By Paul Tracy
It's the biggest thing to happen to the oil industry since the 20th century Texas oil boom.
Thanks to new technology like horizontal drilling and hydraulic fracturing -- better known as "fracking" -- America has unlocked waves of oil and gas reserves that were previously thought unprocurable. But with volatile energy prices and many of the oil majors involved in expensive deep-water drilling across the globe, companies that provide products to the booming fracking business are an enticing alternative.
Exploration and production (E&P) companies have long avoided drilling in shale because it is an expensive endeavor. In 2010, E&P companies spent $76 billion on the shale industry. By 2015, that number is expected to top $118 billion -- a 55% increase in just five years.
What E&P companies like Exxon Mobil (NYSE:XOM) and Chesapeake Energy (NYSE:CHK), the top two natural gas producers in the United States, are spending money on right now is a relatively unknown chemical compound called silicone dioxide, or silica -- a special compound that has been recognized for its extreme hardness. But before I get into silica's importance to the oil and gas industry, to really understand the investment opportunity here, it's important to understand how fracking works.
Shale is a type of sedimentary rock that forms in layers over millions of years. These massive geological formations stretch across continents. The Marcellus Shale, for example, runs from New York and Pennsylvania through West Virginia and Ohio.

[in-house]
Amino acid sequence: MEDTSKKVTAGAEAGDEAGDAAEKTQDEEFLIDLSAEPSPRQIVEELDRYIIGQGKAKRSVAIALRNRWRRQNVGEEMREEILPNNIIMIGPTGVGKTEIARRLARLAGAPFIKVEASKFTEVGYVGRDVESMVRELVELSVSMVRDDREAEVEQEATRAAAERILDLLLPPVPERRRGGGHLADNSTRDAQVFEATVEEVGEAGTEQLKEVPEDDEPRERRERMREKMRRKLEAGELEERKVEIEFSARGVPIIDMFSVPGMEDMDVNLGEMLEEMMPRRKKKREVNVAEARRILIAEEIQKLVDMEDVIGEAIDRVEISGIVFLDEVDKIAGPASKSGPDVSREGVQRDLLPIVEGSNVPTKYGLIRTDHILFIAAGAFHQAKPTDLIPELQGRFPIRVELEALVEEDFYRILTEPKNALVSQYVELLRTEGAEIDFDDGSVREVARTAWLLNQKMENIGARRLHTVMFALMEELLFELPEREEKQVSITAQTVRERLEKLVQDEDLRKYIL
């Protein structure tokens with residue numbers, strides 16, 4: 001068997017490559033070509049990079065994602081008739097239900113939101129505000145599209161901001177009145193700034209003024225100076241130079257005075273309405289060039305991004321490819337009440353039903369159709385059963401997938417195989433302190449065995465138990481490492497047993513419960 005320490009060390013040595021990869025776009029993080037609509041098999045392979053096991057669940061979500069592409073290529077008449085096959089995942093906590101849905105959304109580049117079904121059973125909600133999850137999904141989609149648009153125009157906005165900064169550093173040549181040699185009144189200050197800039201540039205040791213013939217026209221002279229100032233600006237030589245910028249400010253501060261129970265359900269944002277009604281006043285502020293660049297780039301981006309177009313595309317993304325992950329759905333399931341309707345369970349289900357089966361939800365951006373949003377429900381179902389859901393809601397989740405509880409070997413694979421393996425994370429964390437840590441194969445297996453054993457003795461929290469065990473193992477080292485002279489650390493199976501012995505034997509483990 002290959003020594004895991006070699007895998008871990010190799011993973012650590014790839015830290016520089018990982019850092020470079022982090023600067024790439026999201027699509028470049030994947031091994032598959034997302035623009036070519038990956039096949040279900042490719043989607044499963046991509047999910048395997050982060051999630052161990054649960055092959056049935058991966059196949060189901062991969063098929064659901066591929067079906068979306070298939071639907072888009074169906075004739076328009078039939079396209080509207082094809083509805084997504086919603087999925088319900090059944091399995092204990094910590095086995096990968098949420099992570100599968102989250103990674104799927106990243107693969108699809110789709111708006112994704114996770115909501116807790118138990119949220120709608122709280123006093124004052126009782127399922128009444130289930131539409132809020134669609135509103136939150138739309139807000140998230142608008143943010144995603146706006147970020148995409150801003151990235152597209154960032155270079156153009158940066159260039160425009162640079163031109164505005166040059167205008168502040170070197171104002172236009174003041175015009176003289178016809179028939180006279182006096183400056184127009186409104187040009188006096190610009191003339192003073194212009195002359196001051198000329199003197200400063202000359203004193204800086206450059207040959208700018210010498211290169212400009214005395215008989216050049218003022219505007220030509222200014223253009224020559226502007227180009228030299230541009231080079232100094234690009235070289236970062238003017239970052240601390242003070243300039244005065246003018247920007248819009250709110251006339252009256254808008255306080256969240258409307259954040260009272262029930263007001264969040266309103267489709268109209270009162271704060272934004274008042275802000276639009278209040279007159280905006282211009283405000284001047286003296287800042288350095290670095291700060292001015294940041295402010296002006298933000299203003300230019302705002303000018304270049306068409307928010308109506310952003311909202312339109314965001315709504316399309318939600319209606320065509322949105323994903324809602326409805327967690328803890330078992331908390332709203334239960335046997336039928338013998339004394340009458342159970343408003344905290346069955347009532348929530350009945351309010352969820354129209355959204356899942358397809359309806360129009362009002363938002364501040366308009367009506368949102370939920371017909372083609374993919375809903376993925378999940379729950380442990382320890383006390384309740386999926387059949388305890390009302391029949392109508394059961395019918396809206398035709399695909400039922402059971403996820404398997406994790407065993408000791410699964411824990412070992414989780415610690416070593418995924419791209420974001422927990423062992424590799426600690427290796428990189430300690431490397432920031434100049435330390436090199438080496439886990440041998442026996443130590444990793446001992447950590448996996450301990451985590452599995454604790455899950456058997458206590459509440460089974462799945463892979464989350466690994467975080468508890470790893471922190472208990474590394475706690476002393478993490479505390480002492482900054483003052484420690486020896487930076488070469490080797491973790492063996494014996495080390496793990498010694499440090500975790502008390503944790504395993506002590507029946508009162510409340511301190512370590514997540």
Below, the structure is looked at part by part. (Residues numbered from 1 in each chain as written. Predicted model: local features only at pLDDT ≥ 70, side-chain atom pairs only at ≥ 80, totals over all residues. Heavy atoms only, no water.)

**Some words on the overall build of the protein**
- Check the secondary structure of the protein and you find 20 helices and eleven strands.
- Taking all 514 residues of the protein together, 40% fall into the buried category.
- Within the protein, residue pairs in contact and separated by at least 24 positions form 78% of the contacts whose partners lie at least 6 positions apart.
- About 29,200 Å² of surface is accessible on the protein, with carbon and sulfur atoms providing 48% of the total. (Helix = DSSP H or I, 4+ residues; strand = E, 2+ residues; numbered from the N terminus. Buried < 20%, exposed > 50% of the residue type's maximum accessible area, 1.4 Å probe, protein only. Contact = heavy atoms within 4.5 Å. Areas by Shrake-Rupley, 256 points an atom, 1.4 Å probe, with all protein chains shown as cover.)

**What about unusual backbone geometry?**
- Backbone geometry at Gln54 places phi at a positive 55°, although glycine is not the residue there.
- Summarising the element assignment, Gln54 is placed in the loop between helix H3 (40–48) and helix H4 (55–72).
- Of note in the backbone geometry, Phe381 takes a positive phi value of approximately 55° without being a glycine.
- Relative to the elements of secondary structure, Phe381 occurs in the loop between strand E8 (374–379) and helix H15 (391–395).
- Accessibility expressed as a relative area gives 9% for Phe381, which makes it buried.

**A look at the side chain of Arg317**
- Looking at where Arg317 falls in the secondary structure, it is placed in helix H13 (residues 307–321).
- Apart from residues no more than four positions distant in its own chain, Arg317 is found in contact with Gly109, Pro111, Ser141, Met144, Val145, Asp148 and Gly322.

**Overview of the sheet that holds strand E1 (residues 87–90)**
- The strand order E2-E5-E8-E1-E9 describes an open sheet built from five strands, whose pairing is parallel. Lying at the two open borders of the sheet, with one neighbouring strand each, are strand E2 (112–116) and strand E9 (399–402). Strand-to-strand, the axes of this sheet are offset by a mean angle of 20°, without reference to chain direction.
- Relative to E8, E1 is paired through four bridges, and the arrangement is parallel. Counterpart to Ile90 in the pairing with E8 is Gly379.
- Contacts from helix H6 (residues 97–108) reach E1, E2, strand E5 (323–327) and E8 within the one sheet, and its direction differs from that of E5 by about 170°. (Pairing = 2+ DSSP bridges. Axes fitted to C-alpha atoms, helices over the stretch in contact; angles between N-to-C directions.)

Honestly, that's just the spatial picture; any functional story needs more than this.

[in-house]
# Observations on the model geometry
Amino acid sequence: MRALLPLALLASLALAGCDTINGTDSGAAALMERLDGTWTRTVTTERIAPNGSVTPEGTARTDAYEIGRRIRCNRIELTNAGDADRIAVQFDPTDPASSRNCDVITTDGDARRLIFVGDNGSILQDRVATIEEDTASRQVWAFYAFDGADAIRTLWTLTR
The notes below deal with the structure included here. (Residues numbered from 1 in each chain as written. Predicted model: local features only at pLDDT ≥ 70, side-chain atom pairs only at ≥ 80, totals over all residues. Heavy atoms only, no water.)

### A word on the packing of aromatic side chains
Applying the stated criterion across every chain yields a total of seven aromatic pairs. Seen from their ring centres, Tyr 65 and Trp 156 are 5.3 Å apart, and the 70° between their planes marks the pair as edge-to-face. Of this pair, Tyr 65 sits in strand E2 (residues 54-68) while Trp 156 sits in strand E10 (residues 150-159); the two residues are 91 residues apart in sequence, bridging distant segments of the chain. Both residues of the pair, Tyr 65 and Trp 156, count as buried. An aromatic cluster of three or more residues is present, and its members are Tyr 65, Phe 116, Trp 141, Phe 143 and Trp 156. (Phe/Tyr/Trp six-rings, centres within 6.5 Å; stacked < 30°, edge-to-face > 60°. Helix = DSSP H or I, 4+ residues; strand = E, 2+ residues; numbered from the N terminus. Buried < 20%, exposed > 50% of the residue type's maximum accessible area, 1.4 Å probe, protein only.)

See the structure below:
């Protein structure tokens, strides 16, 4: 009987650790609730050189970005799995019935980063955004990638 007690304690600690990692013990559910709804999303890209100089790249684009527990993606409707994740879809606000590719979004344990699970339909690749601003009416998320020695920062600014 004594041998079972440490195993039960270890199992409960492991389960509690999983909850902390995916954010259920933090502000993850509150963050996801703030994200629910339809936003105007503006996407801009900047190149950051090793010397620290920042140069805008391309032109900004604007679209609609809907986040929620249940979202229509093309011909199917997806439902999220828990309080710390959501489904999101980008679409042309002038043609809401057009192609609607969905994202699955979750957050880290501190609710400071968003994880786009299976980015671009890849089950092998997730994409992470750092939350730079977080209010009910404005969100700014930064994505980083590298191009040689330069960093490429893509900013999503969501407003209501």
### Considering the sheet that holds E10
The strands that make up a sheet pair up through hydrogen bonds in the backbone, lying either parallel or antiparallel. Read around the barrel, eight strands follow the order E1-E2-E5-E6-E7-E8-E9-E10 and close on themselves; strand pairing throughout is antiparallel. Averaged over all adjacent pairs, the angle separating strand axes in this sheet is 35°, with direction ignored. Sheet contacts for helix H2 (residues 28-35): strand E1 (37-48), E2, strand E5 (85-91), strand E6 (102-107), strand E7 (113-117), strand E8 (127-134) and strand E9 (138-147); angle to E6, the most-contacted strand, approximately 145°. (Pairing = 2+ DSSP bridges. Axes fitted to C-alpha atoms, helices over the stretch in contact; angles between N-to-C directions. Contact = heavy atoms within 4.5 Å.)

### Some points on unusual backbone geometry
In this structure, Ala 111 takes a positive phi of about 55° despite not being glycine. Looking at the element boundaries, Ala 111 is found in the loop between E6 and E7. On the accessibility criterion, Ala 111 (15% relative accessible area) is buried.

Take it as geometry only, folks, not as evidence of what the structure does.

One of the key properties of these formations is their fissility, which is a fancy way of saying they break easily. And that's the kicker -- if you drill a hole vertically through shale, you only get a tiny bit of hydrocarbons. Imagine a tray of brownies. Stick a drinking straw in from the top and you only get a little taste. But if you can figure out a way to put the hole in horizontally, running sideways through the formation, then you get a lot more. That's idea behind fracking: increase the contact surface area of the well stem.
After the horizontal well is drilled, thousands of gallons of water mixed with chemicals are pumped into the well under extremely high pressure. That causes the shale to fall away like snow on your windshield, unlocking tons of crude oil and natural gas. But adding pressure alone won't do much. Engineers also add a special material called proppant, or "shrapnel." This material ricochets around inside the formation, ripping apart stone and increasing the contact area of the well.
That's where silica comes in. Its extreme hardness makes it one of the best proppants around.
That's great news for U.S. Silica Holdings (NYSE:SLCA). Founded more than 100 years ago, it is a leading producer of industrial minerals with more than 138 million tons of proven silica reserves. The growth in the shale space has contributed mightily to the growth at U.S. Silica. The company's top line looks great: A lovely compound annual growth rate of 22.4% is expected between 2008 and the Bloomberg estimate for 2013.
This looks like a phenomenal opportunity. At the current 13.5% net margin, U.S. Silica should record a 2013 profit of $71 million. At 20 times earnings, the company would be fairly valued at $1.4 billion, or more than double its current market cap of $655 million.
The question for U.S. Silica: Will the shale boom continue?
Right now, every indication is that it will. Investors -- along with the rest of the oil and gas industry -- are betting billions on current petroleum pricing dynamics.
The only risk to consider is a drastic economic slowdown that would push the price of oil to the $60 to $70 range, which would make fracking less cost effective. As long as oil stays above $80 a barrel, producers should clamor to explore shale. And if we start to see an economic recovery, the price of crude could go even higher, which is great for oil bulls and owners of U.S. Silica.
Disclosure: Paul Tracy does not personally hold positions in any securities mentioned in this article. StreetAuthority LLC does not hold positions in any securities mentioned in this article.